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Supporter Spotlight: Trent Thomas

Transportation driver and Teamsters 155 pension trustee Trent Thomas entered the film industry after a fortuitous meeting.

While umping a baseball game in Vancouver, the man that he got paired with worked in the industry and invited him to “come out and give it a try on a crane,” which eventually led to a job in transportation.

Twenty four years later, Thomas is still working in Vancouver’s now booming film and television industry.

Thomas says he’s seen huge growth in the industry over the last three years.

“Our membership has grown by almost 600 members in that period of time,” he says. “We’ve also noticed that there isn’t a lull around Christmas time. Usually, we would have a real slowdown for a month and a half, but now we start right back up with 16 TV series and two or three features.”

Prior to embarking on a career in the entertainment industry, Trent was a dedicated athlete. In high school, he played hockey, football, rugby and soccer, which led to a partial athletic scholarship to an American university.

Teamwork is important on the field and on set and Thomas credits his high school, Athol Murray College of Notre Dame in Wilcox, Sask., for teaching him how to work well with others.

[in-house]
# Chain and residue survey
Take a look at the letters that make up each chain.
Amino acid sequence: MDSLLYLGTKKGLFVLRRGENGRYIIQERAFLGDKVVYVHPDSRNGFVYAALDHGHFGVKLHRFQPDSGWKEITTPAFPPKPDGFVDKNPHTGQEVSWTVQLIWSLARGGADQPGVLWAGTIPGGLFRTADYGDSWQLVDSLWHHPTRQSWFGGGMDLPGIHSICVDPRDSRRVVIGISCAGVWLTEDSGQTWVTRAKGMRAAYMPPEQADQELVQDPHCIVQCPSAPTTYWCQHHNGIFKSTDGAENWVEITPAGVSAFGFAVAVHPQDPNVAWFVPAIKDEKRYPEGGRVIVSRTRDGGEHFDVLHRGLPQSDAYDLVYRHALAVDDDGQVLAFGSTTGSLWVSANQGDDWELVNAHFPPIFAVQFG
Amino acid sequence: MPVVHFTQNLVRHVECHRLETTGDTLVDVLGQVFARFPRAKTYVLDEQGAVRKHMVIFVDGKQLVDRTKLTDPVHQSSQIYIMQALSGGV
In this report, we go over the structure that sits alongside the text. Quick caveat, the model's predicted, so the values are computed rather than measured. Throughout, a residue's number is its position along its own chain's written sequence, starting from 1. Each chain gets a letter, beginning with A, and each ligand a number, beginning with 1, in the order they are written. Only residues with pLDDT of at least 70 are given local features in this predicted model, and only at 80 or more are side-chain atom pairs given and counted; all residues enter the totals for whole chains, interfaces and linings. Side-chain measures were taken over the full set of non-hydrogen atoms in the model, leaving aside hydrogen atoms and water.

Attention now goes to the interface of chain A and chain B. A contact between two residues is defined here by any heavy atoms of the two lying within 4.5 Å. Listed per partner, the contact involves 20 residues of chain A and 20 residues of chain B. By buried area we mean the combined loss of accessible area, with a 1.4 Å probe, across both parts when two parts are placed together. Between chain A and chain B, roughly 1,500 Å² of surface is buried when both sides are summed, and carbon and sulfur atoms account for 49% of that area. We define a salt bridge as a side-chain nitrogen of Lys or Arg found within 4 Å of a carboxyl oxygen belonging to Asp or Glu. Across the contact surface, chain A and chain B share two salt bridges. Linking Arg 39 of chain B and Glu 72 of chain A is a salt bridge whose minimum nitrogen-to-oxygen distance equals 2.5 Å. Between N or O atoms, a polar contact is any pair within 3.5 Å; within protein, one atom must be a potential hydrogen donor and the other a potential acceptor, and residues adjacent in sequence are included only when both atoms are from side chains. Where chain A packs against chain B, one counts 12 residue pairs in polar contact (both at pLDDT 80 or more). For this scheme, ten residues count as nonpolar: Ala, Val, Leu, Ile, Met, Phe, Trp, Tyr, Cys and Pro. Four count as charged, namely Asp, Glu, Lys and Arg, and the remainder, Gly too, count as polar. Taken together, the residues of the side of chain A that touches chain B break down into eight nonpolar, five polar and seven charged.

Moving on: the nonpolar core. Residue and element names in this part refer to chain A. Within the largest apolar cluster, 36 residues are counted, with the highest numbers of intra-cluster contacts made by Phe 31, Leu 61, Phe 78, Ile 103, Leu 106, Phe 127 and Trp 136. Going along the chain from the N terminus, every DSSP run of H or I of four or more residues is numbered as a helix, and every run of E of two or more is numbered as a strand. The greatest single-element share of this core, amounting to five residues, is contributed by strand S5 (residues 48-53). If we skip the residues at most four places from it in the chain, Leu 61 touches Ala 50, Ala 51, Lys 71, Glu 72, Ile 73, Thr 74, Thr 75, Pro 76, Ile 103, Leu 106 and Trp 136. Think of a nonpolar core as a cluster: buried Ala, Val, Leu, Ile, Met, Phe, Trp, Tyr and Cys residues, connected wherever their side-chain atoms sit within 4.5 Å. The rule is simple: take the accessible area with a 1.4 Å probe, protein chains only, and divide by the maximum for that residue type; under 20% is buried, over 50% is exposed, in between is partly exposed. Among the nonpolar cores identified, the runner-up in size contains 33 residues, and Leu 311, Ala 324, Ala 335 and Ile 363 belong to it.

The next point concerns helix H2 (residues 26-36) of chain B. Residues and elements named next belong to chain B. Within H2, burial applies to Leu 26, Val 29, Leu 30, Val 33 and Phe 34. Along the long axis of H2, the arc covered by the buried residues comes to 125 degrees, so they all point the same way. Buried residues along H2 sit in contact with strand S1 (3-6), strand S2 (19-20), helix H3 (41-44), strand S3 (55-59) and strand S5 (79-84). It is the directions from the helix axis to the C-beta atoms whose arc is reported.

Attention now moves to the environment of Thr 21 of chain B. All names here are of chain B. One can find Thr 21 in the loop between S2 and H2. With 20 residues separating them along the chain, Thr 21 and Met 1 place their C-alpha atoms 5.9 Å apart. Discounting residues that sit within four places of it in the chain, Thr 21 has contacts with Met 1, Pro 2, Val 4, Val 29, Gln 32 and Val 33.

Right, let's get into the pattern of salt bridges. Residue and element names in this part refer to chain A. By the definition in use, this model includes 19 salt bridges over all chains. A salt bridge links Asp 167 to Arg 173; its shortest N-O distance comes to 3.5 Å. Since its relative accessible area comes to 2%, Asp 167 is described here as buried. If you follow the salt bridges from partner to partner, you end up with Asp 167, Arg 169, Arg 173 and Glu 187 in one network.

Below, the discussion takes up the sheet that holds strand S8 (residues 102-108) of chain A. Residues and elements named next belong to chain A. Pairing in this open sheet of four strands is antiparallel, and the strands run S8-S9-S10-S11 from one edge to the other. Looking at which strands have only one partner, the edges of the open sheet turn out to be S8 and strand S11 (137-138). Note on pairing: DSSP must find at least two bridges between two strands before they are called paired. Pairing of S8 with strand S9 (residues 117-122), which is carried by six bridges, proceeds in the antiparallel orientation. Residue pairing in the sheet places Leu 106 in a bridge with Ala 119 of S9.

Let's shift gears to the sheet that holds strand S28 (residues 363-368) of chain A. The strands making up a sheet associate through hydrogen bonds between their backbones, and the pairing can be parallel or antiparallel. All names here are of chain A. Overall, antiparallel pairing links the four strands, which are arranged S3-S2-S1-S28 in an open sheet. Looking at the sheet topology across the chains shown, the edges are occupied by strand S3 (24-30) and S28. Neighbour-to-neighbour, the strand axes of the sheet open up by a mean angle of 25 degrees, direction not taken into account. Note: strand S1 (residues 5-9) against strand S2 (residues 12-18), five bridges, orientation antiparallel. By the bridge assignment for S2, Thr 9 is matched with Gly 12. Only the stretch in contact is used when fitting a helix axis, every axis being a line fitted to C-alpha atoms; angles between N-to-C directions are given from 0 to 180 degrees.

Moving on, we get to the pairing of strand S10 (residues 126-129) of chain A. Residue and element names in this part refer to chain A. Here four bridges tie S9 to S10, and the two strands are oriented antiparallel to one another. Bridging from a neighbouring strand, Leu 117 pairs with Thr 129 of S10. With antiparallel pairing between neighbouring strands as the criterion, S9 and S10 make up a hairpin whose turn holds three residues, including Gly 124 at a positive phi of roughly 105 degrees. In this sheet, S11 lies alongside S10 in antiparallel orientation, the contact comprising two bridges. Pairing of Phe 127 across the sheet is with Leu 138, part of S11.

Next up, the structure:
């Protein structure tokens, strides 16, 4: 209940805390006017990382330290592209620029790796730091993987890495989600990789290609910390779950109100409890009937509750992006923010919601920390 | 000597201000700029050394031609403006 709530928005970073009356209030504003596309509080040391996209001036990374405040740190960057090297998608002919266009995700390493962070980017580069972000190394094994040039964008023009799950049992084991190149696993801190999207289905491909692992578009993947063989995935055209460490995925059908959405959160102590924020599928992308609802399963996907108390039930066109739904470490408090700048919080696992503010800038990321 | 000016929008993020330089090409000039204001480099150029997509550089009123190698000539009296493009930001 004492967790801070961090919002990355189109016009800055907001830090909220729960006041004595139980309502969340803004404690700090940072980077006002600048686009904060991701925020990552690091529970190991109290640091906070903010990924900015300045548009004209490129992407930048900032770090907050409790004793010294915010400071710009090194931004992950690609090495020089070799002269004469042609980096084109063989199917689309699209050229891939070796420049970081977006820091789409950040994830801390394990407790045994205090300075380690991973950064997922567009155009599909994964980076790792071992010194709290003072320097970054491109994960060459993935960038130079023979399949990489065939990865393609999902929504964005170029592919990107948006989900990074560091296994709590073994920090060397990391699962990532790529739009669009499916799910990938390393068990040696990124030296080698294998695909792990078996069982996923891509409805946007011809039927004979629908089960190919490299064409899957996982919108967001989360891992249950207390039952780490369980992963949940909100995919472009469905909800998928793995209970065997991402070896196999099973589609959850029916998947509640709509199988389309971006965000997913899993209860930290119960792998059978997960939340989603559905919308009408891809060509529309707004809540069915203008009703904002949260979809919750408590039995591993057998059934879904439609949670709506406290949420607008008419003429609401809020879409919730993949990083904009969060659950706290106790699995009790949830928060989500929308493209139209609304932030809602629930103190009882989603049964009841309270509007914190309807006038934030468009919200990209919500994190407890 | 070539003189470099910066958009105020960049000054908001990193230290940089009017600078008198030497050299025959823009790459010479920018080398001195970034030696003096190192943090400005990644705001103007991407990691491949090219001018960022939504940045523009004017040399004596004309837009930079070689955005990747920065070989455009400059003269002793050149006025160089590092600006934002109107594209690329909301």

“My high school is a big part of my life. It touched my life when I was having some turmoil and it gave me a path to live by and I think that’s helped me a lot with my public service and my career,” he says.

“Living in a boarding school really allowed me to understand the group dynamics of a culture and a working environment that’s very close knit and has a lot of hours together. Being able to operate in that environment has been able to help me in my career for sure.”

Part of Thomas’s public service is his active involvement with his union.

“I have always been politically active and I took my oath very seriously when I joined Teamsters. I began attending lot of meetings and got elected as shop steward when I was 25,” he says.

It was through his work with the union that he first heard about The AFC.

While exploring setting up a benevolent fund for Teamsters, he and former secretary treasurer Ken Marsden came across The AFC. The union decided to help their fellow film workers in need by supporting the work of The AFC and Thomas also began making personal donations through the Reel Friends Voluntary Payroll Donation Program.

“I try to encourage others to give to Reel Friends and to access The AFC’s services if they need them,” Thomas says. “I know that a few of our members have turned to The AFC when they’ve had tragedies in their life or when things have been at their lowest and you guys have been there to pick them up.”

The AFC is extremely grateful to Trent Thomas for his ongoing support, which enables us to help entertainment industry workers get back on their feet!


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